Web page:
I pushed the river when I stayed in publishing although every day felt like trudging through treacle.

I pushed the river when I went travelling even though I had just fallen in love.

I pushed the river when after my best friend died during my counselling course and I refused to take a day off or stop until I had got my first.

I pushed the river when I worked 50 hour weeks until even my eyelashes were tired.

I pushed the river when I stayed in a role that bored me for the maternity leave, even when it became clear that the babies weren’t coming. Might never come.

I pushed the river earlier this year when I caught tonsillitis followed by pneumonia… and still went into work.

I pushed the river every time I put my plans ahead of my health and overall wellbeing.

Even reading through this list most of me is horrified but a part of me is impressed. Look at what you could accomplish, if only you put in a bit more effort, it whispers.

For the last couple of months I have been trying to accomplish four things:

-set up my own business

-gain experience and earn money working with the NHS

-lose weight to improve my fertility

– and, yanno live my life.

When I see it written down like that I can appreciate how huge each of those things are. And how impossible they are to accomplish all together. Pursue one, and you sacrifice the other. Go for money and you have no time to take on new clients. Pursue setting up my own business and I won’t have the energy or time to lose weight.

For six months I tried to do it all. It came to a head on a Monday. I had 62 items on my to do list. The first, ring the hospital to chase my referral. Forty two minutes afterwards I collapsed in a sobbing mess after failing to resolve anything or even talk to another human being. (This is not unusual in my dealings with the NHS. In my experience the care we have received has been excellent, but the administration side? OOOFH.)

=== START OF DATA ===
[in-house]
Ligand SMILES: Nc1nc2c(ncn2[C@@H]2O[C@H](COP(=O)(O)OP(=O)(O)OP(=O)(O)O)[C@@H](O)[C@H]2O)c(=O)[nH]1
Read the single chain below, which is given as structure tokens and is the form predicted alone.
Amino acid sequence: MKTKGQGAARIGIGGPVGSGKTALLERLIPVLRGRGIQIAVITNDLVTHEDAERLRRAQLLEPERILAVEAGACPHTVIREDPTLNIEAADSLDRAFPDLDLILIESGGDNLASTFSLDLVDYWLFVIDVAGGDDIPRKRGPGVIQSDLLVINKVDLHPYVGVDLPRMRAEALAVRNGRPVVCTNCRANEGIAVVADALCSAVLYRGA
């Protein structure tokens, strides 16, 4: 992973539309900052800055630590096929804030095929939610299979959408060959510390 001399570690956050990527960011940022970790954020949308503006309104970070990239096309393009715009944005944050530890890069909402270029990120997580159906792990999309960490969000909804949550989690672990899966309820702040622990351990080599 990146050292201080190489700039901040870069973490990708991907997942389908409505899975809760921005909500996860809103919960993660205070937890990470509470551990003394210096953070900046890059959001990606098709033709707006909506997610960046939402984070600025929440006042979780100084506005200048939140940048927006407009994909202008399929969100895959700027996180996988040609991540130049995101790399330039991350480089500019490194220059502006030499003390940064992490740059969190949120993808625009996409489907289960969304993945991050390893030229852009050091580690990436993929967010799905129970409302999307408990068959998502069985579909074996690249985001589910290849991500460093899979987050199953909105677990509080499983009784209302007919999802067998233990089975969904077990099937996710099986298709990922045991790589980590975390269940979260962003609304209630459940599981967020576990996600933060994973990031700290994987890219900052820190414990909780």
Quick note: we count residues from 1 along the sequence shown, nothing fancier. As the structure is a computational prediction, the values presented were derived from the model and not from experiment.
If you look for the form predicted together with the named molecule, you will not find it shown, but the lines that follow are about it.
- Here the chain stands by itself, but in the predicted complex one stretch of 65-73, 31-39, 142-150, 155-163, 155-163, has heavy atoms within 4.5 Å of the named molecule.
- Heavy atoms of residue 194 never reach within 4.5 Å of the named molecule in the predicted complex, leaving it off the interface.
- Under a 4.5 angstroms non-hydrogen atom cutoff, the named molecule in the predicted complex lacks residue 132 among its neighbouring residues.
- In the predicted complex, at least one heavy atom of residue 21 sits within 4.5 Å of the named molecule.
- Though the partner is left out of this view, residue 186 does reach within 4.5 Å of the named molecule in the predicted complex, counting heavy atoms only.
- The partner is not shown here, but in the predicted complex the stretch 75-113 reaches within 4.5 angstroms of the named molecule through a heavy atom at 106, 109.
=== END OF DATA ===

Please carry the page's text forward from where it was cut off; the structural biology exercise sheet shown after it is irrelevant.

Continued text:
In that moment I realised I needed to stop pushing the river. There are important things in this world, but there comes a point when everybody needs to cede defeat. And I am more important than the river, my goal.

I decided to quit my day job the next day. It terrifies me the idea of being entirely self employed but I needed to do it for me. (The day after I got an offer for my temporary dream job – the universe delivers).

‘It’s in my nature.’

HWSNBN and I love the fable of the frog and scorpion. When one of us does something particularly special the other will quip. ‘It’s in my nature.’ The story goes:

A scorpion and a frog meet on the bank of a stream and the scorpion asks the frog to carry him across on its back. The frog asks, “How do I know you won’t sting me?” The scorpion says, “Because if I do, I will die too.” The frog is satisfied, and they set out, but in midstream, the scorpion stings the frog. The frog feels the onset of paralysis and starts to sink, knowing they both will drown, but has just enough time to gasp “Why?” Replies the scorpion: “Its my nature…”

I don’t expect an overnight change. I expect I will always be fighting the urge to push the river. I will always struggle to balance the person vs the plan. It’s in my nature. But I don’t want to push the river at my expense, not anymore.